The Right Way to Use Public Restrooms

Public Restrooms

Even though the chances of getting sick after using the public restrooms are relatively slim, why would you risk it? Here are a few tips to help you minimize your risk even further…

It’s Stall Choice
A study carried out in 1995 at the University of California, San Diego recorded how much toilet paper was used in the four stalls found in the men’s public restrooms at a state beach. During the ten-week research period, it was found that 60% of the paper was used in the middle two stalls, suggesting that these stalls were the most popular and most commonly used. Working on the logic that the stalls were all cleaned with the same frequency, the cleanest and less used stalls should be the end stalls.

However, do look for yourself. If the end stalls look particularly gross – go for the middle, most used stalls! Oh, and do everyone else a favor and mention any grim stalls to an attendant if you see one!

Toilet Seat Terror
With a whole host of horror stories doing the rounds for years regarding toilet seats in public restrooms, it is worth knowing that according to the former president of the American Society of Microbiology Abigail Salyers, there isn’t a need to worry. “To my knowledge, no one has ever acquired an S.T.D from the toilet seat, unless they were having sex on the toilet seat.”

In order to capture something horrid from a toilet seat, the germs on the seat would have to travel into your urinary or genital tract or alternatively get into your body via an open cut or sore.  It is of course easier for germs to enter the body should they encounter your hands, due to the fact that your hands and fingers could transfer the germs to your mouth, nose or eyes – yuck. (Note to self: never touch face in public restrooms!)

However, if you do still feel quite repulsed by using a toilet seat, you could sanitize the seat with an alcohol-based wipe before sitting down – just remember to dispose of the wipe in a responsible way.

Although people used to line seats with toilet paper, this is now seen as hugely wasteful and not as hygienic as you might think. The toilet paper is likely to have germs on it due to the last time the toilet was flushed, as its likely aerosolized germs from the toilet flew directly into the air, which could have settled onto the toilet paper – yuck!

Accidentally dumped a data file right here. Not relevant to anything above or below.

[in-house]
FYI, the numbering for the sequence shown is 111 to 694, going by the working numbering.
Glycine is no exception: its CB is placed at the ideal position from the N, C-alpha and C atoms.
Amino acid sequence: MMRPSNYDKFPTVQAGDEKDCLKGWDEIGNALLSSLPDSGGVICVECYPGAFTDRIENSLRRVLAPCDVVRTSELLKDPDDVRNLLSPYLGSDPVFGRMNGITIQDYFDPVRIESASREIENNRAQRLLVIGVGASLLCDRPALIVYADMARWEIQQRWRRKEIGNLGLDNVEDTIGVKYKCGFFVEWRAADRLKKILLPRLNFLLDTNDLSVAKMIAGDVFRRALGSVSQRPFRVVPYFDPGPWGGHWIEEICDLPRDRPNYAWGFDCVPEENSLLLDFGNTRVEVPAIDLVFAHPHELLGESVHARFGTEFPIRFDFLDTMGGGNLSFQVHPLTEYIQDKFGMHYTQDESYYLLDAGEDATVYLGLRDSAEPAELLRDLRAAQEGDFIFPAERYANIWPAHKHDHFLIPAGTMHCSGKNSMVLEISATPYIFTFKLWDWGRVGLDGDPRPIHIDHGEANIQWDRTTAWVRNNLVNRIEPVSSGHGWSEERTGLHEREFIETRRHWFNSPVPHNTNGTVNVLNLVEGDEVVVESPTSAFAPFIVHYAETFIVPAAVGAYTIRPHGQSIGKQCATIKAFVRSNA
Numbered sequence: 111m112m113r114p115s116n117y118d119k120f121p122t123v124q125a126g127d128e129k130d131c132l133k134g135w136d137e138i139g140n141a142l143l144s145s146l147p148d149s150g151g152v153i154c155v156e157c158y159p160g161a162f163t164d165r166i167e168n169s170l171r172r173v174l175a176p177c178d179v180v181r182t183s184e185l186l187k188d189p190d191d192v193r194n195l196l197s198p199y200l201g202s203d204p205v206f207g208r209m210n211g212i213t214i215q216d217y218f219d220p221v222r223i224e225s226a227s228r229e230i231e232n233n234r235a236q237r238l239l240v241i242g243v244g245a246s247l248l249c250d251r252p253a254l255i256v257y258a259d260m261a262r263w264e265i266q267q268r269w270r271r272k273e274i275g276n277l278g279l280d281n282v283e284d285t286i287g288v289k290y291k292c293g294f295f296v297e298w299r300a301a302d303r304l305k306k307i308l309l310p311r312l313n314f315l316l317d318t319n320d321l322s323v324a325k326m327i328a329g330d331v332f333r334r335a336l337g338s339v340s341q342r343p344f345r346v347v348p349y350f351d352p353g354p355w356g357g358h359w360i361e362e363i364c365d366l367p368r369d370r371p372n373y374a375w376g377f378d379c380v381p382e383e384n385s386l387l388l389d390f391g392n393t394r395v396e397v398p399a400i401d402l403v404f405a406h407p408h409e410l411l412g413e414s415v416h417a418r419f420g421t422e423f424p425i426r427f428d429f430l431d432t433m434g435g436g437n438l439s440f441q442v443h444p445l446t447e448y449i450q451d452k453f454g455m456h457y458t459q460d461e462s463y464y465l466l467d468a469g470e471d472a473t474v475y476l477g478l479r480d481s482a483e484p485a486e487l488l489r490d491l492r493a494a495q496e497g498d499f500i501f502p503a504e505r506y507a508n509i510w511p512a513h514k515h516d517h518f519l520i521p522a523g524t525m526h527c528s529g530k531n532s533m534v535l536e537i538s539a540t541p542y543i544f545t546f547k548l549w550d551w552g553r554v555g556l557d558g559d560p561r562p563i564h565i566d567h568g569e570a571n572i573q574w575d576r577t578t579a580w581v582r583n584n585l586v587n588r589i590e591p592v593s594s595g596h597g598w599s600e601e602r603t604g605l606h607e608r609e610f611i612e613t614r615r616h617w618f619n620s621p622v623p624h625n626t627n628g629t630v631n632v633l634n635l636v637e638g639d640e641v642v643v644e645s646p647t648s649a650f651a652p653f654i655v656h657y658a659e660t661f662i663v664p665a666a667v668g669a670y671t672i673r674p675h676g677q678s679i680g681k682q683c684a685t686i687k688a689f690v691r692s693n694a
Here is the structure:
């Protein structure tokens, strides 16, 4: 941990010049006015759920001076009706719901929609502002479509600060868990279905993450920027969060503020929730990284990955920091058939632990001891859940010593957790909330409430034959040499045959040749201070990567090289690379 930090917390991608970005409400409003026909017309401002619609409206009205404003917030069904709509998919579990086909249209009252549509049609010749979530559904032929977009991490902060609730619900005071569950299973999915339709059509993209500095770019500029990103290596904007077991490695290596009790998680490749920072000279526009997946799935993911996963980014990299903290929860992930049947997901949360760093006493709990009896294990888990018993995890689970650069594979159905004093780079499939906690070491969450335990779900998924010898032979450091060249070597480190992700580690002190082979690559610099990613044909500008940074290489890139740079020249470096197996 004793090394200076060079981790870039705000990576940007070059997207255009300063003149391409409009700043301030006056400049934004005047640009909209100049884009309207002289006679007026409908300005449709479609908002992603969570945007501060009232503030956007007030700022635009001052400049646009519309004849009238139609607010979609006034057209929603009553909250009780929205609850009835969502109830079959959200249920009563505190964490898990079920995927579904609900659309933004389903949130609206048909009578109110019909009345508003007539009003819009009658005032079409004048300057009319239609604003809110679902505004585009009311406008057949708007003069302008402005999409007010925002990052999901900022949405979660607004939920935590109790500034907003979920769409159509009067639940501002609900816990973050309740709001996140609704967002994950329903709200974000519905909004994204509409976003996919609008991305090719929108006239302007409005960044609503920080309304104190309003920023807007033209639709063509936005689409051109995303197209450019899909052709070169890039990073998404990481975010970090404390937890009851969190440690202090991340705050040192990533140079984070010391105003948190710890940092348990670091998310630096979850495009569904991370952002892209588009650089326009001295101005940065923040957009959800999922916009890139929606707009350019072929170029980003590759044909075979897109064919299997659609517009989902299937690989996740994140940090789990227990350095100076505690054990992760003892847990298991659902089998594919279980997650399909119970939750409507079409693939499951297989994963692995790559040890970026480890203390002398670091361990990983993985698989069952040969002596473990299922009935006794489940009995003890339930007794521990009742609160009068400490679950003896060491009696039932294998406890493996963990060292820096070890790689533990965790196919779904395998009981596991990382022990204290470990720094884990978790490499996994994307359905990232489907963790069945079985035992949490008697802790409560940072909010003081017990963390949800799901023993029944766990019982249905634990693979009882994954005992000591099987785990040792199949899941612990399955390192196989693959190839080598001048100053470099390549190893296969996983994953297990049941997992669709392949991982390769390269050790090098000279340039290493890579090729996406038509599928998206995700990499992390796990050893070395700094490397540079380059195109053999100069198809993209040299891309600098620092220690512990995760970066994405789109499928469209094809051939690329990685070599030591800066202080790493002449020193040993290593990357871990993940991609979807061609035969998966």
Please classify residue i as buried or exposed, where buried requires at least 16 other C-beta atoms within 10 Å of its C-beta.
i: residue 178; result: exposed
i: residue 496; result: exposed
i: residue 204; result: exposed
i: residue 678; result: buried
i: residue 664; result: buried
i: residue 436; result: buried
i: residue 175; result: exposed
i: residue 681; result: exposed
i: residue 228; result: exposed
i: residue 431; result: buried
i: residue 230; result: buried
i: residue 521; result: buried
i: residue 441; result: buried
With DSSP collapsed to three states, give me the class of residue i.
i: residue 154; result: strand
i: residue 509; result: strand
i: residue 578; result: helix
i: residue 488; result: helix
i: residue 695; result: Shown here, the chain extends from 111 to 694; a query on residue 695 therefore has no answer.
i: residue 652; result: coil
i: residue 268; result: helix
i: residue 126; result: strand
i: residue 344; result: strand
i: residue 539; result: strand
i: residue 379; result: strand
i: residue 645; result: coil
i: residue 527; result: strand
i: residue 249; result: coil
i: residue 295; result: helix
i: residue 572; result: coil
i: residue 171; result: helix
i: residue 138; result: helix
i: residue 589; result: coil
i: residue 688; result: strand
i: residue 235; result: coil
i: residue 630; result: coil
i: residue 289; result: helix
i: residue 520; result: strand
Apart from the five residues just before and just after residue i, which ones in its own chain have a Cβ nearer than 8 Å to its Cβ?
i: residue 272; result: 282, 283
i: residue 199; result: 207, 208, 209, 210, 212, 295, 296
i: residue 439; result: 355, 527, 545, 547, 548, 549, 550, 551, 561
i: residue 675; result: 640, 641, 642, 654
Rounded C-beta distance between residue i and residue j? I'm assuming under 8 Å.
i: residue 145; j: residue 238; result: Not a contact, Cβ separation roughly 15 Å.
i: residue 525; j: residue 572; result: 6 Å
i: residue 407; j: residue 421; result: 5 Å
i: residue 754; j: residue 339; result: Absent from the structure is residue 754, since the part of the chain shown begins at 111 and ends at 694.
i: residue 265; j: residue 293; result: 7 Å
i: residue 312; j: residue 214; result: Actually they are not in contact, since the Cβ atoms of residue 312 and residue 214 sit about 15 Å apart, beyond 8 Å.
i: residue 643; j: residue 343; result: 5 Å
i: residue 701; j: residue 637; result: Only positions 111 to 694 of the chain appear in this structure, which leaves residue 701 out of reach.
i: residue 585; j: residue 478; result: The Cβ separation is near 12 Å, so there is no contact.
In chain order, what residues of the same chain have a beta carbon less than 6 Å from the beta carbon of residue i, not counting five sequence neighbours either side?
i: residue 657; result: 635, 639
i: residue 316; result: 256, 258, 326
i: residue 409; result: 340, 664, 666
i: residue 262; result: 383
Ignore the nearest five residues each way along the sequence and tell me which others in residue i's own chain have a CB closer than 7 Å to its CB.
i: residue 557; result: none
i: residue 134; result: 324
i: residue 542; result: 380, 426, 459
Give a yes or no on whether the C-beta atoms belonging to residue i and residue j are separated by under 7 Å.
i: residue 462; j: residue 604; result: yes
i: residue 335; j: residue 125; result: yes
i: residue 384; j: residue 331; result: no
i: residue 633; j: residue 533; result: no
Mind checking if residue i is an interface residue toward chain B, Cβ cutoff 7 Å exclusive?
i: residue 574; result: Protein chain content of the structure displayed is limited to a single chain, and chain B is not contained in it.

Most public restroom toilets do not have lids, but if they do, drop the lid down before flushing to stop the spread of toilet germs in the air.

Public Restrooms

Ladies Who Squat
Additional research has shown that most women like to squat or hover over a toilet seat in order to eliminate the risk of germs and touching a seat. But there are risks here too, just maybe not what you think.

In a squatting position, it is hard to fully relax the pelvic floor and empty the bladder completely which could pose the risk of further urinary tract infections.

But having said all of that, squatting is far better for the body than eschewing the restroom completely. Urologist at New York Presbyterian / Columbia University Irving Medical Center Dr. Doreen Chung says: “There are patients who hold in their urine who are then unable to relax their pelvic floor musculature to urinate.” But if you do choose to squat, ladies please be sweet, and wipe the seat!

Getting Handy
So as we all know, it is VERY important to wash hands after going to the toilet, especially in public restrooms. But just a simple quick wash won’t cut it.

In order to wash hands effectively to kill germs, you need to ensure that you are paying attention and washing thoroughly, including the back of the tops of the fingers as well as washing up to the wrist.

The chairman of Infectious Diseases Society of America’s Public Health Committee Dr. Weber suggests that hands are washed for a minimum of fifteen seconds using water at a comfortable temperature to ensure that the urge to rush isn’t present! Take time washing hands to ensure a thorough job.

BUT – here comes the next step – remembering not to touch anything after washing your hands! Apart from the flush in the stall itself, the faucet is likely to be the next best thing for germs, because everyone will turn the faucet on after going to the bathroom and with, you guessed it, dirty hands. If you have an automatic faucet, that’s great – go ahead and dry your hands, but if you must manually stop the water running, use a paper towel to dry hands and then turn off before binning in the trash.

Public Restrooms

Exit, Stage Left
Finally, what about when you wish to exit the restroom?
You have done your business (hopefully in a clean-ish stall) and have correctly washed and dried your hands, but what about getting out of the restroom?

Your hands won’t stay clean for long if you go ahead and touch the door or turn a door handle. If at all possible, use your shoulder, elbow or hip to open the door or if you need to pull the door, use the paper towel from earlier.

Even better, dart out after someone has opened the door to come in!

All in all, a trip to relieve yourself is important and you need to go to the toilet if nature calls. Catching illnesses and diseases from restrooms is rare, but with some general further awareness when it comes to toilet hygiene you should be fine. After all, germs won’t make you sick if you haven’t taken them with you.

PS – wash your hands!

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